Opinion: Securing APD reform was a significant win, but the fight goes on

Opinion: Securing APD reform was a significant win, but the fight goes on

Last week’s Budget announcement vindicated the work and persistence of the A Fair Tax on Flying lobby group in putting its argument against APD, says Abta’s Stephen D’Alfonso

Last week’s Budget announcement on Air Passenger Duty was a welcome and significant move by the government.

From 2015 UK Air Passenger Duty (APD) is to be restructured with the abolition of the two most expensive bands and charging of all long-haul passengers at the lower band B rate of duty.

This will reduce the cost of long-haul flights, making destinations such as Australia, India and Brazil more accessible to Britons and vice versa, while travellers to the Caribbean will no longer face competitive disadvantage compared with destinations such as Hawaii.

It would be odd to be anything but positive in response to any step that reduces the tax-take from APD.

And this decision by Treasury vindicates the hard work, commitment, and persistence shown by the diverse organisations within our industry who have been united for a number of years in lobbying for a change and reduction to this damaging duty.

But it would also be wrong to intrepret this as the end of the road for our APD campaigning. On the contrary, it shows that when we make a compelling case, the Treasury will listen and act.

It is a significant point of progress – and one that should not be underestimated – that the government has finally acknowledged that APD is a tax that is damaging growth.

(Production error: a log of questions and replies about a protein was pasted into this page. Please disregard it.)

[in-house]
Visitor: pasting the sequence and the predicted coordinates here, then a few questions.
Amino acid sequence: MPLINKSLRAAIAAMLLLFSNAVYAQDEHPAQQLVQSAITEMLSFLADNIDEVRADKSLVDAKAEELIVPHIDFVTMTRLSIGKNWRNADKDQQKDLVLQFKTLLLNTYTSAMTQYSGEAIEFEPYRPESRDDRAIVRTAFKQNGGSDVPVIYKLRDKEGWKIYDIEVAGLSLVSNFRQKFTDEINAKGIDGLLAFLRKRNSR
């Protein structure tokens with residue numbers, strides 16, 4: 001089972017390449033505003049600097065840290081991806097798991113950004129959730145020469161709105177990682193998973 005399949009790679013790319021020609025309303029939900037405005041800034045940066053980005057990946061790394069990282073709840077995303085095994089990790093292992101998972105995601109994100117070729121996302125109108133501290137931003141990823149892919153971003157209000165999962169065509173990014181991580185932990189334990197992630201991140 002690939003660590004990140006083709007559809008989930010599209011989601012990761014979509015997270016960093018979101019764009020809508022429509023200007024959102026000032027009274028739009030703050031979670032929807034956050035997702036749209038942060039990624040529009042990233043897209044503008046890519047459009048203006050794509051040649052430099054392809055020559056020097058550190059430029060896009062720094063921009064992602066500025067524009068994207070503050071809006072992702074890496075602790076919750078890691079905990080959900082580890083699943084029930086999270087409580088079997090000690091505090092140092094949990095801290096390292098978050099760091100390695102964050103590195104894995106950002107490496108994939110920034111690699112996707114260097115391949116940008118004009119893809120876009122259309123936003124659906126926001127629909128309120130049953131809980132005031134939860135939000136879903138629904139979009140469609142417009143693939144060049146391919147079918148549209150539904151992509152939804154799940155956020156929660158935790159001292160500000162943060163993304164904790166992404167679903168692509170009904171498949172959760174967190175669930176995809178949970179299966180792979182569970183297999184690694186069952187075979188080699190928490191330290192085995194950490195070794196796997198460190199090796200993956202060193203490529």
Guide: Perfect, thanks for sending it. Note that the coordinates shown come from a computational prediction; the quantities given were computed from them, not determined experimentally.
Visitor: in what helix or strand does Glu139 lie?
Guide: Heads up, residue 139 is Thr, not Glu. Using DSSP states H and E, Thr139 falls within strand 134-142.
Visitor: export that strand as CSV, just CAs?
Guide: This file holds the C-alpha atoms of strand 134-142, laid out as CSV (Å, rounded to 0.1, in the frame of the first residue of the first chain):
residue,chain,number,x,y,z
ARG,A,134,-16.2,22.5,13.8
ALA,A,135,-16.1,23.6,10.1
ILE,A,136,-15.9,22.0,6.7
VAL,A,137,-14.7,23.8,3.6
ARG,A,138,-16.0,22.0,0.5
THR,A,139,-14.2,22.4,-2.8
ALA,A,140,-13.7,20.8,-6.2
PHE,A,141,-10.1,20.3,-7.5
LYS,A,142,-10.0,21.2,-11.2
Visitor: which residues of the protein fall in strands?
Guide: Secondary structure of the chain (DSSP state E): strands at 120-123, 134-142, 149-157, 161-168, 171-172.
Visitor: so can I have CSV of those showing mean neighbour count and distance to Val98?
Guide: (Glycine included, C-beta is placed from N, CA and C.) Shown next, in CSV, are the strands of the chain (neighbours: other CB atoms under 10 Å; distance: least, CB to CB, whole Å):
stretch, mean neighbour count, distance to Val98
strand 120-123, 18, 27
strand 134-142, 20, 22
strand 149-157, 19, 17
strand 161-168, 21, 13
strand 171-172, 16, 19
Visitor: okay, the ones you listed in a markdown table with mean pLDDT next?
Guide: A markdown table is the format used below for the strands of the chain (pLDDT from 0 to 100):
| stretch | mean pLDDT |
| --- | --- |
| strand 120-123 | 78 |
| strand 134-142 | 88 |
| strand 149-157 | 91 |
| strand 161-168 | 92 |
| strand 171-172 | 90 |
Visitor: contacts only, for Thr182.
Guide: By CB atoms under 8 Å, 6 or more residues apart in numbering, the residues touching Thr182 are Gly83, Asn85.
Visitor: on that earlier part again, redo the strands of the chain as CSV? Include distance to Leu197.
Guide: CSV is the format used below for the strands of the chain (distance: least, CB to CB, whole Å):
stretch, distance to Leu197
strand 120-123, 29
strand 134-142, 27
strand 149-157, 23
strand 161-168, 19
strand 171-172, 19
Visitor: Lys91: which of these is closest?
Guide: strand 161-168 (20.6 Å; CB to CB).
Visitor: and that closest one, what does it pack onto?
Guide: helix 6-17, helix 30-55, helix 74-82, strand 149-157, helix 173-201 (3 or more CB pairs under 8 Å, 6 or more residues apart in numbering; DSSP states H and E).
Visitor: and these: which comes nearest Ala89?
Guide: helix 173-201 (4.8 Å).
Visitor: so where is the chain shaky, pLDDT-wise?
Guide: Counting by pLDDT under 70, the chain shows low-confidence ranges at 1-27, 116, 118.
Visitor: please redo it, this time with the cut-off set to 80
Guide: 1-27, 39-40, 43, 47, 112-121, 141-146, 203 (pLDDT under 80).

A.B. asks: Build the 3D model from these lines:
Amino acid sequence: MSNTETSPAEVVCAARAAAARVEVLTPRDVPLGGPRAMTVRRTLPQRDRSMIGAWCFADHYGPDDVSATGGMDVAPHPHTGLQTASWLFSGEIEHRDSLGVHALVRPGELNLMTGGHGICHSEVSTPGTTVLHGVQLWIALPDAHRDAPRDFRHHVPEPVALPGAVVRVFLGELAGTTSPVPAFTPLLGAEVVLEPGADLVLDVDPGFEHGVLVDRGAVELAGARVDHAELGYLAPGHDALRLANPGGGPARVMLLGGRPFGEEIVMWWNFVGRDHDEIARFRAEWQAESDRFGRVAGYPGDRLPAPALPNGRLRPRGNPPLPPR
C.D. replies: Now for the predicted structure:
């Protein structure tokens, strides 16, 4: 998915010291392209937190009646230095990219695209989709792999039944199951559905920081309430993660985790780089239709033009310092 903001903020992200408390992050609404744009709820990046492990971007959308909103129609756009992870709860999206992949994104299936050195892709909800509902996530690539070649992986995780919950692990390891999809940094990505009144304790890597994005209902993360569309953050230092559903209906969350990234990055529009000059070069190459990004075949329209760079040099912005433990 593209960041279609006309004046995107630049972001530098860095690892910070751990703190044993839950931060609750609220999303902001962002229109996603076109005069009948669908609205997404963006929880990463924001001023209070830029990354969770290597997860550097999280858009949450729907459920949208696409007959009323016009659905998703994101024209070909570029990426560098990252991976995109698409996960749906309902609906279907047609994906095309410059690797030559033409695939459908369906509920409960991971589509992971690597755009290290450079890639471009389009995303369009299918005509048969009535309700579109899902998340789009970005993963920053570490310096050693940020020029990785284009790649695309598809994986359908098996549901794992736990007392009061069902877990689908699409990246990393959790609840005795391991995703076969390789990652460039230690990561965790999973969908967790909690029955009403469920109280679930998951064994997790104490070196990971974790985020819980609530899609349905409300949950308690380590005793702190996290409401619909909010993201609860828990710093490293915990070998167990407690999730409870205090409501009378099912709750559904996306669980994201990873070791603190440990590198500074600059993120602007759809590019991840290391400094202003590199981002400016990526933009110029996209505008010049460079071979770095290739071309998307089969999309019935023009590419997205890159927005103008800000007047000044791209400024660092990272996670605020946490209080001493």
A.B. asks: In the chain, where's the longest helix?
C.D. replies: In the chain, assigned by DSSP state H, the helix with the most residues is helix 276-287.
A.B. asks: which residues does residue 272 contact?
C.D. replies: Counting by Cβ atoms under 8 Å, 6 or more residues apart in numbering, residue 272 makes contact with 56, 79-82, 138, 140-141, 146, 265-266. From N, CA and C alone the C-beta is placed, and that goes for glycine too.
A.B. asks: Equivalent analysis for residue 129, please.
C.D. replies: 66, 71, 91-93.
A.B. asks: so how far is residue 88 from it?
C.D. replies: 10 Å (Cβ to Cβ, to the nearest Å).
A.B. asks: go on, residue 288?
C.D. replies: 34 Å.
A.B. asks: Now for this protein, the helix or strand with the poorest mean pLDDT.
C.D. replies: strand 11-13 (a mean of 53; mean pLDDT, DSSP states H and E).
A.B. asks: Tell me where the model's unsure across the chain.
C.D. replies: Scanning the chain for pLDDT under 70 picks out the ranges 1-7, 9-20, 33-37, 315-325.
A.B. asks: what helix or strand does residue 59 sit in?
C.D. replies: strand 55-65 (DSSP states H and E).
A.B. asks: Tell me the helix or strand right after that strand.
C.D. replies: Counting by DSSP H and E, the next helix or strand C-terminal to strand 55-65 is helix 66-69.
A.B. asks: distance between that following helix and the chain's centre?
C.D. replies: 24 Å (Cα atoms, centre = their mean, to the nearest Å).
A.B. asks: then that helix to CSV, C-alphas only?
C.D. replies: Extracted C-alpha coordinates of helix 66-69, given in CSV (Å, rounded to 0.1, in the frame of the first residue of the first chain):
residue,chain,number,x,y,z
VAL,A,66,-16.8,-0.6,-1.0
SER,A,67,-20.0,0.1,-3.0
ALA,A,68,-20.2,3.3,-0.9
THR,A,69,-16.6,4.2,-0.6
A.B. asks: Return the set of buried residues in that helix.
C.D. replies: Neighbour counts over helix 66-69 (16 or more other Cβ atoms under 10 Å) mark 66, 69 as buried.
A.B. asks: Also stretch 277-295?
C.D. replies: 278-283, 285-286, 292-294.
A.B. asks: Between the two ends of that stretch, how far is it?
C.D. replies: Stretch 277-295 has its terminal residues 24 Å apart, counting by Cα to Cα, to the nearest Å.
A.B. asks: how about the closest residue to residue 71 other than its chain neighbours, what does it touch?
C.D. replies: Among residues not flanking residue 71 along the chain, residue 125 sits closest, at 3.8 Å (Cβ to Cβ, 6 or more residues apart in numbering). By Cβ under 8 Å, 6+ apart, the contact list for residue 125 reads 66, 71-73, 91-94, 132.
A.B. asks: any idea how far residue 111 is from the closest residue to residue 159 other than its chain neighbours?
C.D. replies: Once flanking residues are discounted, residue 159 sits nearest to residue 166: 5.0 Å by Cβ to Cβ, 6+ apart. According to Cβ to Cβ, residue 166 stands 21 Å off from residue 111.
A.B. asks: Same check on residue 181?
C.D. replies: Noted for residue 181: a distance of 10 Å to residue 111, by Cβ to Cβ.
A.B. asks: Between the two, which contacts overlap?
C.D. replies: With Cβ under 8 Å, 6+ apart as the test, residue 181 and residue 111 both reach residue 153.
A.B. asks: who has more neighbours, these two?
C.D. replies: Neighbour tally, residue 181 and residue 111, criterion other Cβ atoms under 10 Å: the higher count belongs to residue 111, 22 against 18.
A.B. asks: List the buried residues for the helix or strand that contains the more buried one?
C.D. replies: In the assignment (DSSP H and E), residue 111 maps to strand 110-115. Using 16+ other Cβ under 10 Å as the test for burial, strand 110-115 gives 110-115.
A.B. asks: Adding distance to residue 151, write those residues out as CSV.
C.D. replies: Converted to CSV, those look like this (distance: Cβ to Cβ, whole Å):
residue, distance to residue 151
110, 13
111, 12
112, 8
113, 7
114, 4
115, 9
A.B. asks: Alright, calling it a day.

The A Fair Tax on Flying campaign has been making the case that holidaymakers, businesses and the aviation and tourism sectors are all harmed by APD, a fact borne out by a growing body of evidence, including last February’s excellent PricewaterhouseCooper report.

The government’s plans to restructure APD is an important first step towards making the UK a more competitive place to visit and invest in.

I remain convinced that these changes will help to demonstrate that Britain is open for business, encouraging more inbound tourism and giving a much needed fillip to the tourism sector.

In reforming APD, the government had to start somewhere.

A more than £200 million pound tax cut for the sector is nothing to scoff at in the restrained spending environment we find ourselves.

We should all remember that we’re still in the middle of the government’s deficit reduction programme after all. However, the Chancellor’s decision must be just the first step in a wider review of the tax, its overall level, and its impact.

We mustn’t forget that passengers will continue to face the highest taxes on air travel anywhere in Europe, and those flying domestically are still hit twice.

Long-haul passengers will continue to pay more than £70 per person in tax, a significant proportion of the overall cost to fly, whether it be for business, for leisure, or to visit friends and relatives.

Let’s also not forget we’ll have to wait another year before the changes come into effect.

So there is much more to continue to fight for to address the damaging impact of APD and Abta, along with other members of the Fair Tax on Flying campaign, is as committed as ever to making the case, and keeping up the pressure on this important issue.

Sourced from Travel Weekly

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